Something to prove: reputation in teams


  • This article is based on Chapter 3 of my PhD thesis. I am grateful to the Financial Markets Group at LSE, the Eitan Berglas School of Economics at Tel Aviv University, the Department of Economics at Harvard University, CMS-EMS at Northwestern University, and the Department of Economics at the Stern School of Business, NYU for providing stimulating environments to work on this article. I also thank seminar participants at these institutions, whose comments have significantly improved and refined my initial intuition. I particularly thank for their insight Mariagiovanna Baccara, Matthew Bidwell, Luis Cabral, Oliver Hart, Christian Hellwig, Bengt Holmström, Susan Lee, George Mailath, Niko Matouschek, Gerd Muehlheusser, Felix Muennich, Carlo Rosa, Larry Samuelson, Yossi Spiegel, Ran Spiegler, Steve Tadelis and Leeat Yariv; I am especially grateful to Margaret Bray, Eddie Dekel and Leonardo Felli. I also thank the Editor Raymond Deneckere and an anonymous referee for comments that improved the article. I gratefully acknowledge financial support from the ESRC (R42200034040).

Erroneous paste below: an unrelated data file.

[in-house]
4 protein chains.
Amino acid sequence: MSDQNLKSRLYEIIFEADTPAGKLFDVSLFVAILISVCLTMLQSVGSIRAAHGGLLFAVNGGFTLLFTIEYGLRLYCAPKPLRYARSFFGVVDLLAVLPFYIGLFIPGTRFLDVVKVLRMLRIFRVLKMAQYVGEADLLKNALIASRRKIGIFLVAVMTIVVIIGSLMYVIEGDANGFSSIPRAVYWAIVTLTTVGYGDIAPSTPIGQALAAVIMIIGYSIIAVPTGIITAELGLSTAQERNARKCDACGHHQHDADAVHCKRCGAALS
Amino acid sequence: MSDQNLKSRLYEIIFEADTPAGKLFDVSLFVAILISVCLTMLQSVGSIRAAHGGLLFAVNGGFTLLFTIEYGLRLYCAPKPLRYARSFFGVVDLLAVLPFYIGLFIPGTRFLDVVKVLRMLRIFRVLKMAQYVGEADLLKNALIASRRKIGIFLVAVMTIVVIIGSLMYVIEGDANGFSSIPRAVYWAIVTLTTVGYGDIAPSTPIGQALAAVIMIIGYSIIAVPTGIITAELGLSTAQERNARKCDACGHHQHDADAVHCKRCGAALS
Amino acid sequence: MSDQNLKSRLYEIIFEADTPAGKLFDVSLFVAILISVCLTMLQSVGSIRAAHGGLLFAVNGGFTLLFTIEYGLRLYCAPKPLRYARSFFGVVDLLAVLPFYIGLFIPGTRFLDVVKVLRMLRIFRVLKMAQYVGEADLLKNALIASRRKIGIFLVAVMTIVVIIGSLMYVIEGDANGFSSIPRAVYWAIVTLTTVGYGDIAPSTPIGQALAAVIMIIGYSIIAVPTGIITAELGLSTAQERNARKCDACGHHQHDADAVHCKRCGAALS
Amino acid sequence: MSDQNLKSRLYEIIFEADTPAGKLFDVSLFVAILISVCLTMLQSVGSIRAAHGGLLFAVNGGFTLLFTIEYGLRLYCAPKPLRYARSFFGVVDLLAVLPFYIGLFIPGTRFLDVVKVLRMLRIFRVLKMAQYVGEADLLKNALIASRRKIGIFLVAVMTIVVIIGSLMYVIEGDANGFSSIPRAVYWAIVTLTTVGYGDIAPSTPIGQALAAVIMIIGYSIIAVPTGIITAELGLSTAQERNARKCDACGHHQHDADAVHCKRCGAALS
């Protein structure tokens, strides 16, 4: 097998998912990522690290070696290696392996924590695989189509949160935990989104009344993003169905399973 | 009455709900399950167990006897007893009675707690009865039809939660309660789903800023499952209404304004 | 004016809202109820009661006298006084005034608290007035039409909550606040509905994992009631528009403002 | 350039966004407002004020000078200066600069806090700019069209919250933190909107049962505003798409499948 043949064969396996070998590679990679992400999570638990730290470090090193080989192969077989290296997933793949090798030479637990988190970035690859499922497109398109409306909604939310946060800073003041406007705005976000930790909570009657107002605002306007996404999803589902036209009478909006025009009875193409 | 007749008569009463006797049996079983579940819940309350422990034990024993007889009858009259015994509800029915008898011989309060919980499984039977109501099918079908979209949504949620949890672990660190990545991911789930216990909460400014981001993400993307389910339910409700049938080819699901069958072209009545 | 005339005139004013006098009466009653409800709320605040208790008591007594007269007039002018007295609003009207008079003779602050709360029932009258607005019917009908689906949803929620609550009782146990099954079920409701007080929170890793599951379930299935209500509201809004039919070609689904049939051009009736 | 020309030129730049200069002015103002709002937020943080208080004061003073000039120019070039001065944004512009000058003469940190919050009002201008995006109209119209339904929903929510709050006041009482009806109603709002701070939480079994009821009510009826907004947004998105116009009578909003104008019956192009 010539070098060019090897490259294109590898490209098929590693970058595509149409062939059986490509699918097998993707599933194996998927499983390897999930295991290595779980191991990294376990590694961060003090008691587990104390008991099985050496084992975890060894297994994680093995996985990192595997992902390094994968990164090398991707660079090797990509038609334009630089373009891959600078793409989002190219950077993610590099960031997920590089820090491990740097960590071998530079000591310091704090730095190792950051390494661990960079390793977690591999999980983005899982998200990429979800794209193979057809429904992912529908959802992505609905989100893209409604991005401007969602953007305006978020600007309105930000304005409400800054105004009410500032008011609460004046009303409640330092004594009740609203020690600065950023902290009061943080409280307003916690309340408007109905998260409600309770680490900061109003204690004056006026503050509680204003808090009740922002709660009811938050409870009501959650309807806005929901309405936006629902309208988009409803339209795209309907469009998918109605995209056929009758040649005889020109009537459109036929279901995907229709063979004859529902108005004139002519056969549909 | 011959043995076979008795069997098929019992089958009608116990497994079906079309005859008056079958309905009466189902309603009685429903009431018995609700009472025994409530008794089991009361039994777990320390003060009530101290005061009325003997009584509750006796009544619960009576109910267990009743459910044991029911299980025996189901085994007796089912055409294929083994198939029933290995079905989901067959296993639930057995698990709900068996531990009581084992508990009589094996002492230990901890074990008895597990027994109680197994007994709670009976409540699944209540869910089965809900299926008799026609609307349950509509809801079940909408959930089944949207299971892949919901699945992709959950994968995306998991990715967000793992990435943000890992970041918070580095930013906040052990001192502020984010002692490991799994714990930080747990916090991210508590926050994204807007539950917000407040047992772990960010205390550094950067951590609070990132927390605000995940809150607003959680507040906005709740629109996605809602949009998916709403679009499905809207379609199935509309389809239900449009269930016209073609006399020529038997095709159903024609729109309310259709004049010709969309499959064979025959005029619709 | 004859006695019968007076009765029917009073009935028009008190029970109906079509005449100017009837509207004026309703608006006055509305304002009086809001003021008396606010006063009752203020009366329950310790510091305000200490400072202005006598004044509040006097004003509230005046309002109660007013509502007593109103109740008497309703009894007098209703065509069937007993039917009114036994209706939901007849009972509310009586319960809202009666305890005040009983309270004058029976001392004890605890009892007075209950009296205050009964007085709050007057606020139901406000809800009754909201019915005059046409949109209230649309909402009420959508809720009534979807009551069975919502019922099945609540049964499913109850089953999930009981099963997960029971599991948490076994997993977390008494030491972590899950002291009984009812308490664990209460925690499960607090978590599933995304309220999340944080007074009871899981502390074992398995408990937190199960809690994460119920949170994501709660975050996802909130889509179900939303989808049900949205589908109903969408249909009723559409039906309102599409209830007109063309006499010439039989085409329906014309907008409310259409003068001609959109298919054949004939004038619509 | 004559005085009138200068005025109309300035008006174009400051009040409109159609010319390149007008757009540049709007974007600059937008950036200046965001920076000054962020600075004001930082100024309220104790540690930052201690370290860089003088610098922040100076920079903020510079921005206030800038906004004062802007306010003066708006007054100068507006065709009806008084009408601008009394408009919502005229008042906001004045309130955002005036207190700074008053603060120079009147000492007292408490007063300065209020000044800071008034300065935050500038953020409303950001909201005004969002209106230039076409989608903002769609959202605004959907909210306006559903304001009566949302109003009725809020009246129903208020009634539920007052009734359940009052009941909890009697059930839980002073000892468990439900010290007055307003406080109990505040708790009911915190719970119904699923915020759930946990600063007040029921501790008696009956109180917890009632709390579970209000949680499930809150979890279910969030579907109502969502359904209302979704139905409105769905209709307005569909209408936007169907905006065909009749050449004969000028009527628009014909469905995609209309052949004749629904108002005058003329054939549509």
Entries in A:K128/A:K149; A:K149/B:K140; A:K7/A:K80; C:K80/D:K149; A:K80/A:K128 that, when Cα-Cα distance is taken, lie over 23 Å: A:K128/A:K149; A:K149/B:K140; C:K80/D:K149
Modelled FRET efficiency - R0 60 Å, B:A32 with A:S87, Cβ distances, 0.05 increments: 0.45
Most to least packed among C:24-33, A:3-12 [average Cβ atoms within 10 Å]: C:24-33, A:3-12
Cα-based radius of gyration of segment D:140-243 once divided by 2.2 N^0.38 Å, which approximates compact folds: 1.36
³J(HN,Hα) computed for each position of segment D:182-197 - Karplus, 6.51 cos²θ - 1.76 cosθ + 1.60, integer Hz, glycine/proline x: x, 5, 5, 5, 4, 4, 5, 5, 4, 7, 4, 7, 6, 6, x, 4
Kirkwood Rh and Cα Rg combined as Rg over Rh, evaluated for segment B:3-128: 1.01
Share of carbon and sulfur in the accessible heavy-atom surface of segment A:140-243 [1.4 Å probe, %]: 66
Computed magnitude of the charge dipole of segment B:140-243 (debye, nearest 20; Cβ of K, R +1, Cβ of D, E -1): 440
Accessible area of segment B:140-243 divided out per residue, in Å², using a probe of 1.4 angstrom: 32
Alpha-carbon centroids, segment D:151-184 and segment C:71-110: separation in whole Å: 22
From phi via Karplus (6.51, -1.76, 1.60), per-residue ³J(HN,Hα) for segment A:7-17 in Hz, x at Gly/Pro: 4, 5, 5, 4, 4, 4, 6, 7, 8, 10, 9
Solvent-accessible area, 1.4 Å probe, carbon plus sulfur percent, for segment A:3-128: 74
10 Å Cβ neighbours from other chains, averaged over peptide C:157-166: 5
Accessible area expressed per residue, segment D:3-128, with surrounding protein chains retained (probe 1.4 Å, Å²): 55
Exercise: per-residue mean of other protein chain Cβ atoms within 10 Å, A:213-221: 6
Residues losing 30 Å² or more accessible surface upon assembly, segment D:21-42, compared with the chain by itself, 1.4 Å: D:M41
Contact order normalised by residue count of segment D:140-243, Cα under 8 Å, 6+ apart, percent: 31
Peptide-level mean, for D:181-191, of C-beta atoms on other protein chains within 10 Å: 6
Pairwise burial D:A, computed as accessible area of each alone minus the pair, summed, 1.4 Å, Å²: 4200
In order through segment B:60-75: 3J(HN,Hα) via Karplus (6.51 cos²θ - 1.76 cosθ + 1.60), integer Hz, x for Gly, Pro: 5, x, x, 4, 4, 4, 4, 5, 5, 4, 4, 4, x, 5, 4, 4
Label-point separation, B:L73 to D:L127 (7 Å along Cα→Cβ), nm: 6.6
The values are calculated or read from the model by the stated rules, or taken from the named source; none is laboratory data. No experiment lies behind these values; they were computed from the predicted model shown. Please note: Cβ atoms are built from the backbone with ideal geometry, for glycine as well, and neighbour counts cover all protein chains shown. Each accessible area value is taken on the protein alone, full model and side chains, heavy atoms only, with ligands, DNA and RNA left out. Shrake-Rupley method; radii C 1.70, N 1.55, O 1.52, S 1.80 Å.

Agents work for their own reputations when young but for their firms' when old. An individual with an established reputation cannot credibly commit to exerting effort when working alone. However, by hiring and working with juniors of uncertain reputation, seniors will have incentives to exert effort. Incentives for young agents arise from a concern for their own reputation (and the opportunity to take over the firm), whereas older agents work for the reputation of their firms (and the opportunity to sell out to juniors). Thus, the article explains the choice to work in teams. It also exemplifies how type uncertainty in reputation models may be endogenously and strategically introduced.